Monday, April 27, 2020


After awhile you realize that there is more to life than spending (almost) all your time at home.  I spend a lot of time thinking about places I have visited to make a living and to live and am grateful I have those memories.  My adopted home town has a lot to offer and walking around my appreciation for it has been enriching.

To the left is a large wall design on James St N. that is my basic concept.

We are told to maintain a 2 metre distance from other people which can be difficult.  I have done some shopping where we are lined up about 2 metres apart, but we all are looking for many of the same items.  Retailers need to protect themselves while trying to retain some cash flow and have been adjusting procedures for what they offer.  Traffic, both vehicular and pedestrian is much lighter than normal.   I notice more jaywalking and walking against red lights and I pleed guilty.  Most people respect others and will cross to the other side of the street or wait til someone has cleared an intersection or narrow stretch.   The video link below was  first brought to my attention by Cameron Kroetsch who also presented a petition to close some streets to vehicles to make it easier.  for pedestrians to maintain distancing.  He used example of Hamilton's Super Crawl that established protocols for redirecting traffice.  Check out the video that hi-lites the difficulty of maintaining 2 metres. 

Dundurn Castle was one of the first things I would see when coming from work after taking the York cutoff.  Built for Sir Alan MacNab who at one time was Lieutenant-Governor and helped put down the Rebellion of 1837.  My sympathies were with the rebels.  He was behind roads improvements including access to the mountain.

After visitors to Hamilton could see Copps Coliseum.  I call it "Copps" as he is the one responsible for getting it built in Hamilton.  I remember Victor Copps because he once approached me at a literary celebration to give me a lead for a research project that resulted in me getting a press pass to the Olympic qualifying basketball tournament held at McMaster University.  Unfortunately cities can only stretch tax dollars so far.

Just next to Copps is the Hamilton Farmer's Market (one of a few others) attached to Jackson Square.  It has been a regular stop each week.

Donald Trump is becoming nauseating for me.  Why has nobody taken steps to remove him from office?  He is a threat to the nation and it should have been apparent for years.  He has become an obsession for rational people (like me?) and a king for others.

This building is now known as the Scottish Rite Masonic Centre, but long ago was known as the Tuckett Mansion.  George Tuckett had been mayor of Hamilton.  He made a fortune in tobacco and was even able during the American Civil War to bring tobacco to the north and Canada because of his citizenship.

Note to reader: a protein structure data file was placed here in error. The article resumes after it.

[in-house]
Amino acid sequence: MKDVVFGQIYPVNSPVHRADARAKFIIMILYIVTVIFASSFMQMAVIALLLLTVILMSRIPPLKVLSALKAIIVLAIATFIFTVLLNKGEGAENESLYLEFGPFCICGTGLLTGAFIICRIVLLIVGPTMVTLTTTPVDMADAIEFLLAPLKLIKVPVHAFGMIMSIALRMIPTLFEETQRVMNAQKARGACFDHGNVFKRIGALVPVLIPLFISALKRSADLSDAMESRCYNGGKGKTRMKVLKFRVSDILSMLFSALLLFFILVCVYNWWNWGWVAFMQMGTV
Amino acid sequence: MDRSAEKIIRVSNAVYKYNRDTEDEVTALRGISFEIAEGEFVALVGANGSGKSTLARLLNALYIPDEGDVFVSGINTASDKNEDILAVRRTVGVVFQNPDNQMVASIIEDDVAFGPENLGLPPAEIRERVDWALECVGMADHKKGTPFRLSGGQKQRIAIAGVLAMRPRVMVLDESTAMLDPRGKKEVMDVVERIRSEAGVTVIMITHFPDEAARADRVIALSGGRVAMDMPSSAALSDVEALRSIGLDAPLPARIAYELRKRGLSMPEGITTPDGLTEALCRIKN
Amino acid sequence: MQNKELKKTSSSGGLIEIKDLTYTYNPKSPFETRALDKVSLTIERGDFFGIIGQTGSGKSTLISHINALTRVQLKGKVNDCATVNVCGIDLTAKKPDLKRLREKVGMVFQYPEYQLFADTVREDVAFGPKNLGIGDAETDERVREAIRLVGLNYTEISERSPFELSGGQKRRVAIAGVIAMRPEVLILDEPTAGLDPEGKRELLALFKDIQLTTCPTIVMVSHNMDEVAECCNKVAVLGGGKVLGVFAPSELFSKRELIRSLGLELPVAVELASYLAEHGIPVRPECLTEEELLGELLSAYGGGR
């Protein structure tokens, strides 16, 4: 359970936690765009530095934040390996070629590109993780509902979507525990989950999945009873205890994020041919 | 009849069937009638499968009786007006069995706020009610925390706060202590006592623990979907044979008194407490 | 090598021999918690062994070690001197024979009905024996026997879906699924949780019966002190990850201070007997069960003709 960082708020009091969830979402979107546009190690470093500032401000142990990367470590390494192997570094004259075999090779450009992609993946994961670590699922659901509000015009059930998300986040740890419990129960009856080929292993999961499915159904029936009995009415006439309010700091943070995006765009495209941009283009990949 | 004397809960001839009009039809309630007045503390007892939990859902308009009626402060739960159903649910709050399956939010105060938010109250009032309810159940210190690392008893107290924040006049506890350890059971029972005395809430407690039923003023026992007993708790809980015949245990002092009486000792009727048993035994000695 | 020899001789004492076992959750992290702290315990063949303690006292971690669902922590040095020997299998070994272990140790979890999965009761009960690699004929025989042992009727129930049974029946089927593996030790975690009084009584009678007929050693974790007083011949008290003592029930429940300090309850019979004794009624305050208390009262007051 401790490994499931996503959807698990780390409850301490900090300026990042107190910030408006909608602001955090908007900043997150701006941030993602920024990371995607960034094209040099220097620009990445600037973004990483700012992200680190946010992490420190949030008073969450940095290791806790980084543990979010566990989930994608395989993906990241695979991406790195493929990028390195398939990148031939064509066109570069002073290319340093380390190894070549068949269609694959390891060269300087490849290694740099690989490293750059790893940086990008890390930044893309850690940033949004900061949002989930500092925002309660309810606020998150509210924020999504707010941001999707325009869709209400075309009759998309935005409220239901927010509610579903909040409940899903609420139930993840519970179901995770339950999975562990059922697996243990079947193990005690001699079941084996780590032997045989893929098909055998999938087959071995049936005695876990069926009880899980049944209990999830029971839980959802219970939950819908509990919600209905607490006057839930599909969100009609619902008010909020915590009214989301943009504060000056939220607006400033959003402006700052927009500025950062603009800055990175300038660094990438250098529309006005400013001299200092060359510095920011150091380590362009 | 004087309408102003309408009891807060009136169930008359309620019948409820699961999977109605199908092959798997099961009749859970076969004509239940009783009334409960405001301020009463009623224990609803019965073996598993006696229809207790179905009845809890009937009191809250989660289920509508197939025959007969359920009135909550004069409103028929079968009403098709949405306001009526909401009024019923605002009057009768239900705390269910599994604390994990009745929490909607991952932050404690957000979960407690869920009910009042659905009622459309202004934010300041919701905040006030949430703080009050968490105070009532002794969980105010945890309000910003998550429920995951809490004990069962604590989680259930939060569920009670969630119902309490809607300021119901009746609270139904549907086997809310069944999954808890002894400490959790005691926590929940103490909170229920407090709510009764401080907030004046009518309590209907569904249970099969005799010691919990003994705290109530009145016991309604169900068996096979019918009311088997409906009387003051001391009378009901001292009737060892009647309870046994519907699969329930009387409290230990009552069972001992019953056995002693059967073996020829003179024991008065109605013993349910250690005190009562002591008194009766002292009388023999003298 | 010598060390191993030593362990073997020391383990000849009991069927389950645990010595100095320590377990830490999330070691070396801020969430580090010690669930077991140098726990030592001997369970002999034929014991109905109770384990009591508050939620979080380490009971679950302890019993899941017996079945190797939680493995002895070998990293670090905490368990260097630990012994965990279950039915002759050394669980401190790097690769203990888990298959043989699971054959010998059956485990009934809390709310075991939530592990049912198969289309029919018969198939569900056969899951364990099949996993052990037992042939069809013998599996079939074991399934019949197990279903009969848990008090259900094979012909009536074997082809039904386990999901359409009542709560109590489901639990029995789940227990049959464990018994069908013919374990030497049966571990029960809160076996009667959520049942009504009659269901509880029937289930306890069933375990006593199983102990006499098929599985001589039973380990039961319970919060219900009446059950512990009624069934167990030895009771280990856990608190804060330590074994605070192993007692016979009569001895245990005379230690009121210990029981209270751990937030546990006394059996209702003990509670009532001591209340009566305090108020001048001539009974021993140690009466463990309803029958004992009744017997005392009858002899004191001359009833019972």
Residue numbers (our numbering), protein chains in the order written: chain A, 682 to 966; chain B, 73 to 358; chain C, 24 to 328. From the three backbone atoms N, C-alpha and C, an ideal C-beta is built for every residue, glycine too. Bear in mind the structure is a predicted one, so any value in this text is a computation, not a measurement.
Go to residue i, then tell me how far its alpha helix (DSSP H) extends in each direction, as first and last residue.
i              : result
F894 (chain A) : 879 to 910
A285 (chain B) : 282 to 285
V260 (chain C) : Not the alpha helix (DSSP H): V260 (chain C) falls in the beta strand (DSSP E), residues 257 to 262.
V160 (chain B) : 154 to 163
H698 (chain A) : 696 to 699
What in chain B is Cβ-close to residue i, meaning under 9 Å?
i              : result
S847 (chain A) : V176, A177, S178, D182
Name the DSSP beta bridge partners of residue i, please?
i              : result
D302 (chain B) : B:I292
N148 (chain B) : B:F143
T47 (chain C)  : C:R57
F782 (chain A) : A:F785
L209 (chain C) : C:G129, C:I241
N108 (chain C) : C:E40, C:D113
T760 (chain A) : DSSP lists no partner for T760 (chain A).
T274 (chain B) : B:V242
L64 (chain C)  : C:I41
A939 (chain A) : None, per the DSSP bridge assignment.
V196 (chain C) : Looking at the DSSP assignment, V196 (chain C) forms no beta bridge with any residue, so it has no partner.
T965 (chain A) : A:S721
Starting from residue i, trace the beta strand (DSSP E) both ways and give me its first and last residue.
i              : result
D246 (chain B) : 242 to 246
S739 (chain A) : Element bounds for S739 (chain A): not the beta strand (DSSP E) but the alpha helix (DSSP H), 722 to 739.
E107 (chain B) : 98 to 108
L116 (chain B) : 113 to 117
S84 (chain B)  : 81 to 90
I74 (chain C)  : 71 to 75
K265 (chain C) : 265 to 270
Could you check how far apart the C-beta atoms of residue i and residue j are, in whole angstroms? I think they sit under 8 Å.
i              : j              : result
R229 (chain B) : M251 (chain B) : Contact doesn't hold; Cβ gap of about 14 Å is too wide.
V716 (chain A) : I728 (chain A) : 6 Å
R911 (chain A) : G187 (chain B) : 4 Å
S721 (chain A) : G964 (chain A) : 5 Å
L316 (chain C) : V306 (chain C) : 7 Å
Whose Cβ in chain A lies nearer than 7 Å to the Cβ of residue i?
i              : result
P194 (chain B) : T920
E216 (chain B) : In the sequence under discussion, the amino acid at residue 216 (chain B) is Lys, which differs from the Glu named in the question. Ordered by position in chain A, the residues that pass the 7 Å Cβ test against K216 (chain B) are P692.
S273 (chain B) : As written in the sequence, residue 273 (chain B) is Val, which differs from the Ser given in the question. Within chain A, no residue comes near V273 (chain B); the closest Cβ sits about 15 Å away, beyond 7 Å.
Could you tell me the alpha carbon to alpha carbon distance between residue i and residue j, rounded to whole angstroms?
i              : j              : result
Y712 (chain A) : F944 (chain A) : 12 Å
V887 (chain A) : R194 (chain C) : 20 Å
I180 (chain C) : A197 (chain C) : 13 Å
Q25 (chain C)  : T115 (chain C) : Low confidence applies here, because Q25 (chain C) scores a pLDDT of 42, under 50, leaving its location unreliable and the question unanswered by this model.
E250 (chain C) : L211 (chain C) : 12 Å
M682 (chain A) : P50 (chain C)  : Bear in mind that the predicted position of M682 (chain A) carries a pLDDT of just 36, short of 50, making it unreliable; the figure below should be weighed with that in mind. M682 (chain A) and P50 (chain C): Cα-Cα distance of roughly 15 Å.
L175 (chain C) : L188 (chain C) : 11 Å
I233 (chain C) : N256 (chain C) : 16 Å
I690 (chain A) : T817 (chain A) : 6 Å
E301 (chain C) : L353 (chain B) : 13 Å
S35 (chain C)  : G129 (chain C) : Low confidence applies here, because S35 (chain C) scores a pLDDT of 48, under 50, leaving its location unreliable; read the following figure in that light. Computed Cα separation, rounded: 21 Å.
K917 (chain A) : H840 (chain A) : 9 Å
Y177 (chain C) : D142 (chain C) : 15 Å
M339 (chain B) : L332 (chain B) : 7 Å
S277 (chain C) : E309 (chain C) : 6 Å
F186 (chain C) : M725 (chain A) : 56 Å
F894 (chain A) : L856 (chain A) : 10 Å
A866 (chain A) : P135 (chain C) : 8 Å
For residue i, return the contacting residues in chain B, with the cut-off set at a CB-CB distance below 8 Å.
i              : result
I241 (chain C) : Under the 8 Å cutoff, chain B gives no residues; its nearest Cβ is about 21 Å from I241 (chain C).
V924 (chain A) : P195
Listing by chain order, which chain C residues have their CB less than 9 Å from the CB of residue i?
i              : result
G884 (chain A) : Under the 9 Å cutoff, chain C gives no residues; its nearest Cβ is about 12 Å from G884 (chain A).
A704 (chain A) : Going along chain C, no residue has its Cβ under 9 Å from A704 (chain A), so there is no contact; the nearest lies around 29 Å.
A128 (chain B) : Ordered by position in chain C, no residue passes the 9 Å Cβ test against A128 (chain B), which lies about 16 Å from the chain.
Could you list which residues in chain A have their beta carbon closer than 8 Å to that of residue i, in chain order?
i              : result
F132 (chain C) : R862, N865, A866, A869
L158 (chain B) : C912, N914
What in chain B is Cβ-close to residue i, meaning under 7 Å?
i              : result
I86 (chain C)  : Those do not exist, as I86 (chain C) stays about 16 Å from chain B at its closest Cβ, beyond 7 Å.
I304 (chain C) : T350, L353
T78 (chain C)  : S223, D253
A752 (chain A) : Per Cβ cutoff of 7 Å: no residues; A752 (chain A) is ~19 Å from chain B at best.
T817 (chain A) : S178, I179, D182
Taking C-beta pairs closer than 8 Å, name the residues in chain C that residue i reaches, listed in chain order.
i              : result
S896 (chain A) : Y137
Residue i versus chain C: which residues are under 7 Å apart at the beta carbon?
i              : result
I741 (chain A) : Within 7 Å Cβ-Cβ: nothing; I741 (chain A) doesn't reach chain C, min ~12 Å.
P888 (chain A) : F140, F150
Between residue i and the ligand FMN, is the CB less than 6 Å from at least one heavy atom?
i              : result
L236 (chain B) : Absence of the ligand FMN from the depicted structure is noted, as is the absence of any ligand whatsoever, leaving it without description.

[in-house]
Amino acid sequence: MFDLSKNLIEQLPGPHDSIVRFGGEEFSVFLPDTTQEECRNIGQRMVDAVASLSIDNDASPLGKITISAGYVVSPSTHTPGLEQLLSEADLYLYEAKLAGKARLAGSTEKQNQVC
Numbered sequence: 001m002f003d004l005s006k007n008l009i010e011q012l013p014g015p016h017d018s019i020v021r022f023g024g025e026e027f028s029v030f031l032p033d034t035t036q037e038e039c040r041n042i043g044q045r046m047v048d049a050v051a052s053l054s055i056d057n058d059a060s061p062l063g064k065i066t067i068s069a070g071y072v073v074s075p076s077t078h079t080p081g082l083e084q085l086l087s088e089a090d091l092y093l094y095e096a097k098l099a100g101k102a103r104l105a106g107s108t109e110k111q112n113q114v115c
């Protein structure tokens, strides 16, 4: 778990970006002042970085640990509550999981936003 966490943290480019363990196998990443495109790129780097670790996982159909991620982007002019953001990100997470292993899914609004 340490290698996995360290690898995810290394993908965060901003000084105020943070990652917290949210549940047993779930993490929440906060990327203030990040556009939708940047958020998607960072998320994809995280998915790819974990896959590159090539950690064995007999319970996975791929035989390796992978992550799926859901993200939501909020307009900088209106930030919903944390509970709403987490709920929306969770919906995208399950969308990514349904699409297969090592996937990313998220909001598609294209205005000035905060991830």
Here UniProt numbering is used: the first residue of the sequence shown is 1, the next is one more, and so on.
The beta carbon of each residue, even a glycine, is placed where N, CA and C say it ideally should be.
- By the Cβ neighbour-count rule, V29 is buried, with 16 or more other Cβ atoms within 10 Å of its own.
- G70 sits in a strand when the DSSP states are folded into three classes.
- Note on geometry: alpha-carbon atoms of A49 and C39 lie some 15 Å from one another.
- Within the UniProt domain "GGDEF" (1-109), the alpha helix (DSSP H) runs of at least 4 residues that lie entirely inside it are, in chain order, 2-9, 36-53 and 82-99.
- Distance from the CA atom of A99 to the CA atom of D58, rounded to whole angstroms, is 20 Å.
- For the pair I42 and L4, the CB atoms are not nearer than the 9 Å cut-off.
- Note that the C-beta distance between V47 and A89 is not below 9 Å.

A few years back artists in Toronto started to notice that not only were rents a lot cheaper in Hamilton, but that old buildings gave a bit of atmosphere.  You can see Lister Block (my daughter has a desk there).   Enough artists congregated on James St. N. that someone had the bright idea to organize a monthly art craw that later spun off the Super Crawl once a year that closed several blocks for pedestrians and has attracted well over 100,000 visitors.

Bank of Montreal Building next to the Pigott Building.

At the corner of Mulberry and James is a coffee shop and numerous art studios.

The building on the right used to be owned by the Orange Lodge who left some symbolic frescoes of King Billy.  Since then the Vasco da Gama Football Club took over and it also houses some artists.

A building on King St E. that used to house Forbidden City, Chinese restaurant.  Built in 1893.

 The building to the left is One Duke St, just off James St S.  I have worked for two different companies in that building and learned a secret.  see below.

To the far left side you can barely see the top of a castle which is actually attached to One Duke St.  Recently I went to the next street over and took a photo of the rear side of the castle.

We all love to go to restaurants.  In my walks I pass by a number of restaurants.  Some are keeping alive with takeouts and deliveries.  We have had take-out about once a week for different local restaurants.  Here are a few of note.  Some I have been to and others I am fearful I may never get another chance.

Trocadero Tavern was apparently once used for one of the Godfather movies.

A Mexican restaurant that carries Halal was a favorite place to take my sister from Montreal.

Across from the jail.

The plaque on the right honors Dave Hanley, a culinary leader and is across from the high end  restaurants on King William St

Once enjoyed a Fado Night at Ventura's.  Recently the owner decided to retire and sold to another restaurant, Rapscallions, but they haven't had a chance to set up just yet.

With the library closed I am renewed my interest in ebooks and the library has promoted some interesting choices.

Recently finished "Funny you don't look autistic" that not only boosted my understanding of autism, but as a Canadian story contained a few commonalities.  Read more: 

They declared, "Moon Over Crusted Snow" as their Hamilton Reads selection for 2020 and made ebook copies readily available.  Read my review:

Links to other Covid-19 posts.

Nobody knows exactly how long the shutdown will last or what exactly the next steps are, so I will be looking for more things to fill my time and hopefully encounter things and experiences to enrich my life.  Spring is a time of hope.  I have many other photos and stories, but will save them for another post.

1 comment:

  1. Thanks John. Very interesting information about sites around Hamilton.